Adolescents exposed to maltreatment have an elevated risk of deliberate self-harm (DSH). The aim of this study was to investigate longitudinally the effects of the number, timing, and type of maltreatment allegations on adolescent risk of having a DSH-related hospital admission, using linked data in Western Australia. A total of 351,372 children born between 1986 and 2000 were followed from birth up to the year 2010. Cox regression models were utilized, while controlling for a range of psychosocial covariates. Compared to children without allegations of maltreatment, children with unsubstantiated allegations only (aHR = 1.04, 95%CI: 1.00–1.08, p < .01) and children with a substantiated allegation (aHR = 1.10, 95%CI: 1.06–1.15, p < .001) all had significantly increased risk of DSH in adolescence. Among children with a substantiated allegation of maltreatment, the greater the number of allegations, the longer the exposure to maltreatment, and the more types of maltreatment experienced by a child, the higher the child's risk of DSH. However, this dose–response pattern was not found among children with unsubstantiated allegations only. This study calls for the early identification of children who are vulnerable to maltreatment, the better identification of the duration and severity of maltreatment experiences, and the provision of continued care and support, to reduce the child's DSH risk in adolescence.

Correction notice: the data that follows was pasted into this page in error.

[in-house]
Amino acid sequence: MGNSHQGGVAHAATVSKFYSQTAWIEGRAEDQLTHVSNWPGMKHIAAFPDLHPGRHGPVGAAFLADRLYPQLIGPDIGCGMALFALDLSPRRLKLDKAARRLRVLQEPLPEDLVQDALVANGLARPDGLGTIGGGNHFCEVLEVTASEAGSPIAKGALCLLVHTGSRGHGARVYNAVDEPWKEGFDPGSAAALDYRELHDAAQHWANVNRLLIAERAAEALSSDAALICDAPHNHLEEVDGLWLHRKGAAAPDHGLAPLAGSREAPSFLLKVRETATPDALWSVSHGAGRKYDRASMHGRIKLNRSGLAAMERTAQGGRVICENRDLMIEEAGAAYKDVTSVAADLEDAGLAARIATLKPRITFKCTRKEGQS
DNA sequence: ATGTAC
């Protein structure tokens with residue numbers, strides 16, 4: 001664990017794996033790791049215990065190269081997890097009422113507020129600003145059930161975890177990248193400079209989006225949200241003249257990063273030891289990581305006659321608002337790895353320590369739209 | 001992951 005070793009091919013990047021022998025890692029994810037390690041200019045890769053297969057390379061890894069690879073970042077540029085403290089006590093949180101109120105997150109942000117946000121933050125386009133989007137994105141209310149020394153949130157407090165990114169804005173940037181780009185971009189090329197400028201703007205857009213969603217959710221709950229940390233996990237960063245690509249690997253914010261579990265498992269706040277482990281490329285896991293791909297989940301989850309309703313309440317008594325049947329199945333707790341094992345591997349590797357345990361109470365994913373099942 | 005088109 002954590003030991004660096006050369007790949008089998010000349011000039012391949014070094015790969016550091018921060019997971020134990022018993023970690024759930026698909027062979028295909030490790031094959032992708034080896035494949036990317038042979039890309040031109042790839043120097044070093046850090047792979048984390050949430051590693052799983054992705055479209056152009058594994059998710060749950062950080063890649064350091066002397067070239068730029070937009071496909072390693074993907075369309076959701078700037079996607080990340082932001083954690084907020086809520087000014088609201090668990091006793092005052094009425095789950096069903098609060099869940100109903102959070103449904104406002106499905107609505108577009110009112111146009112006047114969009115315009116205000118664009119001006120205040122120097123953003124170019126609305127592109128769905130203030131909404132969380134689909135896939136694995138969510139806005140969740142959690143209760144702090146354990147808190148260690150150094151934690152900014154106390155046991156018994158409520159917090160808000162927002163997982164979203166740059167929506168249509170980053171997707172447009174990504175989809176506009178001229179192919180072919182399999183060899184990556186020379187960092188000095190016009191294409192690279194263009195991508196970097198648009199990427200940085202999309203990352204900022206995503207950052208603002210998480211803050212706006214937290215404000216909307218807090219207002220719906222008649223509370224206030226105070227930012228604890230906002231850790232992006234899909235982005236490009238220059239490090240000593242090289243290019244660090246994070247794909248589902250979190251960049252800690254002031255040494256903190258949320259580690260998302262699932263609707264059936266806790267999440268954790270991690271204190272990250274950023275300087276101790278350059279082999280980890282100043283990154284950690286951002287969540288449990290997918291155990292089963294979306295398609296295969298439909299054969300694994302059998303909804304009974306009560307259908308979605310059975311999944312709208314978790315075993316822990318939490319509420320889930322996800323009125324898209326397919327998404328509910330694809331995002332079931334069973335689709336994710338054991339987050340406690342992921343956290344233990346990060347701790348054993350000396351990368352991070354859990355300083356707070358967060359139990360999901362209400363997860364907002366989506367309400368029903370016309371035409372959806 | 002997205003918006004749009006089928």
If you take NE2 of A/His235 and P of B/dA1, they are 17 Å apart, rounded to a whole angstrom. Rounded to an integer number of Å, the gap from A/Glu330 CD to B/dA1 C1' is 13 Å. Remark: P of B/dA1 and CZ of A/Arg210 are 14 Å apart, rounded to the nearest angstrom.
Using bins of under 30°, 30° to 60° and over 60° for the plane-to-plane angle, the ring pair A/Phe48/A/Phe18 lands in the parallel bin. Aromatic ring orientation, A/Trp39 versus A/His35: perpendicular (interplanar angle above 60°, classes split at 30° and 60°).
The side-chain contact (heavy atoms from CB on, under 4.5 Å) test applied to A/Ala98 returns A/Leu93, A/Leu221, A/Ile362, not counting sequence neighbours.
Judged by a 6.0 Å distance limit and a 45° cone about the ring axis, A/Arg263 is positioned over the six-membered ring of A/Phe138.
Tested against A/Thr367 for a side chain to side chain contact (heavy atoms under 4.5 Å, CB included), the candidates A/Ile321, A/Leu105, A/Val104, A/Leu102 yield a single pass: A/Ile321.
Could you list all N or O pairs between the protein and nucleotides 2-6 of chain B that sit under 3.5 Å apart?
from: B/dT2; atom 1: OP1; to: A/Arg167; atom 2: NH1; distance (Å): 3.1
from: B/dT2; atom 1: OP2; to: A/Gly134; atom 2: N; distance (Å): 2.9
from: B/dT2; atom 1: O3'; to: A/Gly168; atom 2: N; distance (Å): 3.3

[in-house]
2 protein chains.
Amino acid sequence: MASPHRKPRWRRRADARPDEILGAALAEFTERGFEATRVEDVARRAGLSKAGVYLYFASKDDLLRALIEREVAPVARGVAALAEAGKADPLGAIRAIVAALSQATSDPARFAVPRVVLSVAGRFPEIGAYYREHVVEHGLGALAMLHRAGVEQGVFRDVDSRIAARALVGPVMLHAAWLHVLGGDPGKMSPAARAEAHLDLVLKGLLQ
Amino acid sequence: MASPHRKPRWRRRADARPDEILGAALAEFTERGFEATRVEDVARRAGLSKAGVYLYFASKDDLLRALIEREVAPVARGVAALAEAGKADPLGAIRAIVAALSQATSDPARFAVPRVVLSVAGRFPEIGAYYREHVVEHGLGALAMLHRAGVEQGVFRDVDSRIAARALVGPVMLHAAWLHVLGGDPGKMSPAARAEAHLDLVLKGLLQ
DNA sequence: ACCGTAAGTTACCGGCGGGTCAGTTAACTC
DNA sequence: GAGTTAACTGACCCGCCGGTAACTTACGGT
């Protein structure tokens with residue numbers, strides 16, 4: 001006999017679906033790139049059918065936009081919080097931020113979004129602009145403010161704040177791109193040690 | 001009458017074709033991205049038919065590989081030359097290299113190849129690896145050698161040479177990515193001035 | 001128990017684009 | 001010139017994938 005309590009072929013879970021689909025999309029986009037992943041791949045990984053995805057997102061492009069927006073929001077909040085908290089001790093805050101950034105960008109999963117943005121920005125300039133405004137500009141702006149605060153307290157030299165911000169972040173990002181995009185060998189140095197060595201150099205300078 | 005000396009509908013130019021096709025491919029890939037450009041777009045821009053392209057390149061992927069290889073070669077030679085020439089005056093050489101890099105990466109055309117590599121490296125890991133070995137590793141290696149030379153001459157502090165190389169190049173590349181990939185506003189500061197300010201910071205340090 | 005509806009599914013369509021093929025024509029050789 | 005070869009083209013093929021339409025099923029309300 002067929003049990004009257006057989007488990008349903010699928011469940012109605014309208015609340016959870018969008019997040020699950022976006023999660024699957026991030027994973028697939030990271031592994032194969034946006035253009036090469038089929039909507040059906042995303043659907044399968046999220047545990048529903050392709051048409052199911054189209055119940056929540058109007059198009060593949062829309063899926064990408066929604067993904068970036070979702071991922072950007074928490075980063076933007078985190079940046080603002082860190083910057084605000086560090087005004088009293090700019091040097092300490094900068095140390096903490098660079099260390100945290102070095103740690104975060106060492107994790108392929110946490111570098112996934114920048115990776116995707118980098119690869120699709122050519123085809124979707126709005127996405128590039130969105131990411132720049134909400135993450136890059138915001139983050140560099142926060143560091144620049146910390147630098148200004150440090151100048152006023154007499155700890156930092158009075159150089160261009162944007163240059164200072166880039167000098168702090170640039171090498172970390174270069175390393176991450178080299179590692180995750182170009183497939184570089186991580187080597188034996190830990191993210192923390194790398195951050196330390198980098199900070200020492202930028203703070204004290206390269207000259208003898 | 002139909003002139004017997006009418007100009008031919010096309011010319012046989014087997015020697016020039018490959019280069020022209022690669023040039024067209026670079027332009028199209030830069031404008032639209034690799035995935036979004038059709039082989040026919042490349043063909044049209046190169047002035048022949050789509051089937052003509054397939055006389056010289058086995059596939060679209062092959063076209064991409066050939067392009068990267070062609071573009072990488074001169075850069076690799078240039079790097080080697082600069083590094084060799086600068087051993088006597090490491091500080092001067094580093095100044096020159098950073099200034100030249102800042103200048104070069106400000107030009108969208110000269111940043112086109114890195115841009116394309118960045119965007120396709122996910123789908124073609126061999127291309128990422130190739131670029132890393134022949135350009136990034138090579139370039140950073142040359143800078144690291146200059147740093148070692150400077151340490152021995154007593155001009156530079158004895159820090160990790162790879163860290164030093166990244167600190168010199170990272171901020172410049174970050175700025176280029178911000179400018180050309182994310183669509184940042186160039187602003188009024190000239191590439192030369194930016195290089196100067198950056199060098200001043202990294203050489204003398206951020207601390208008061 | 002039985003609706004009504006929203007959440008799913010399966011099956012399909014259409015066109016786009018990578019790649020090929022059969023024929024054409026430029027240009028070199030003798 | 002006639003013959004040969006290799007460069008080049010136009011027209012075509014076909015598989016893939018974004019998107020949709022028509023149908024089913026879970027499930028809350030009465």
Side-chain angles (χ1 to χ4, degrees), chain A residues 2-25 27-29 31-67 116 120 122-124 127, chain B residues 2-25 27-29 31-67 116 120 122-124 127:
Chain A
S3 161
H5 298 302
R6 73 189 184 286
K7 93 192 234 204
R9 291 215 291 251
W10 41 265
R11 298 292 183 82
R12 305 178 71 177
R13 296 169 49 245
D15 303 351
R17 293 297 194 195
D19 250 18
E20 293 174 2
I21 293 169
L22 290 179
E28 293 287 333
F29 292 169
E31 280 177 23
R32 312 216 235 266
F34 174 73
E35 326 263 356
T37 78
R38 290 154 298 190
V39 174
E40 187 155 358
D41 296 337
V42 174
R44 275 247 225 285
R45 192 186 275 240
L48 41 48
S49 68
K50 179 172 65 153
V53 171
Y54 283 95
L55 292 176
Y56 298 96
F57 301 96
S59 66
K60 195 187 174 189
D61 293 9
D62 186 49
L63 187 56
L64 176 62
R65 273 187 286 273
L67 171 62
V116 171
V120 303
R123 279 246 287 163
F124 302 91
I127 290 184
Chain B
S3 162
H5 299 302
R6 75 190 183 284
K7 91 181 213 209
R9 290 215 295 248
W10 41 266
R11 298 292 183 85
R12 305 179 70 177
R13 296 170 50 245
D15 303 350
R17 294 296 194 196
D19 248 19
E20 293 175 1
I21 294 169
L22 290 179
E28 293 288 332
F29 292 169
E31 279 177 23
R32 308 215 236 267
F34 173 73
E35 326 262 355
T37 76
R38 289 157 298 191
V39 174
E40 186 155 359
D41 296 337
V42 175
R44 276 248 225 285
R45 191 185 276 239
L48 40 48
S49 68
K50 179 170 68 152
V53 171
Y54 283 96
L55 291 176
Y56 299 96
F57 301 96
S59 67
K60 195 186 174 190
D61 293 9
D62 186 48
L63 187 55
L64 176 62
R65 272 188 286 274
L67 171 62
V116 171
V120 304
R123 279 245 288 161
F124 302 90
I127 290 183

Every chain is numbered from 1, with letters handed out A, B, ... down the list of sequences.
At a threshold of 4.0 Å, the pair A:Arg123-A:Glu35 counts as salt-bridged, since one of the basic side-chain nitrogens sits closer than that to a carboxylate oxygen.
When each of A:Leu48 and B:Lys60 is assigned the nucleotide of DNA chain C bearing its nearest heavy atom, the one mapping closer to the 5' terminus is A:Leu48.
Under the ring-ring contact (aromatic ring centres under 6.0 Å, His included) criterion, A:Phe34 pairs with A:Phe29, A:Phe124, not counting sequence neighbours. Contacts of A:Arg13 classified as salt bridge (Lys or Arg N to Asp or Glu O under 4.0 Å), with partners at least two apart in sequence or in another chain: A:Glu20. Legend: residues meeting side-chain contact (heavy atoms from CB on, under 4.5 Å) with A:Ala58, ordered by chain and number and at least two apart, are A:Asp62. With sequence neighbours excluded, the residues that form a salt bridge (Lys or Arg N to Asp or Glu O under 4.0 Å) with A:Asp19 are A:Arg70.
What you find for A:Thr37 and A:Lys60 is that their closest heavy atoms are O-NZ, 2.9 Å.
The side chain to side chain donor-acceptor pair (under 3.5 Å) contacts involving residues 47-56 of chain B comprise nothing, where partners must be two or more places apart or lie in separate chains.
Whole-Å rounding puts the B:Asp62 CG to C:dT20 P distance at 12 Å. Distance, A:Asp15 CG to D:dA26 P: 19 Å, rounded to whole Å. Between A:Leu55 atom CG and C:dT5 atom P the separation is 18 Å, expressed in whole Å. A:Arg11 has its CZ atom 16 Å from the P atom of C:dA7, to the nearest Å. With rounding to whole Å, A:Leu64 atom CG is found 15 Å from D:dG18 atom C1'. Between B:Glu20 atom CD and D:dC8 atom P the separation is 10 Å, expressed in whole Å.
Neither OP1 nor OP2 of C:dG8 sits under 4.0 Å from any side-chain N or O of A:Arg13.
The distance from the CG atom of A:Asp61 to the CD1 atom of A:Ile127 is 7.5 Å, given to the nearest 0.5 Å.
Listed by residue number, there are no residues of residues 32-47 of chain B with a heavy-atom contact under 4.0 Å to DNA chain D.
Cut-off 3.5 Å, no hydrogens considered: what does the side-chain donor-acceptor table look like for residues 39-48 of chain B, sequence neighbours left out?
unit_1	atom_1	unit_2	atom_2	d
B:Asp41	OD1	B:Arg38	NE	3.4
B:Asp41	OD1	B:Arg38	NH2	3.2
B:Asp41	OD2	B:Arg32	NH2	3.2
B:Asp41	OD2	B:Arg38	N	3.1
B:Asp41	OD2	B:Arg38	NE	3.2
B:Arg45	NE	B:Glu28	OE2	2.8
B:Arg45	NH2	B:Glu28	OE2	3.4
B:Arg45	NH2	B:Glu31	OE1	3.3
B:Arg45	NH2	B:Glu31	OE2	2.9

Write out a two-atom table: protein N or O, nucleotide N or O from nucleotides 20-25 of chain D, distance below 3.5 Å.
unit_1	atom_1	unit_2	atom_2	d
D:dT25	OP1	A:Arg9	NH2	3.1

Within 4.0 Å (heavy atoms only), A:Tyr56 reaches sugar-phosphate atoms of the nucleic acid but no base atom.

- Administrative data linkage
- Adolescent deliberate self-harm
- Birth cohort
- Child maltreatment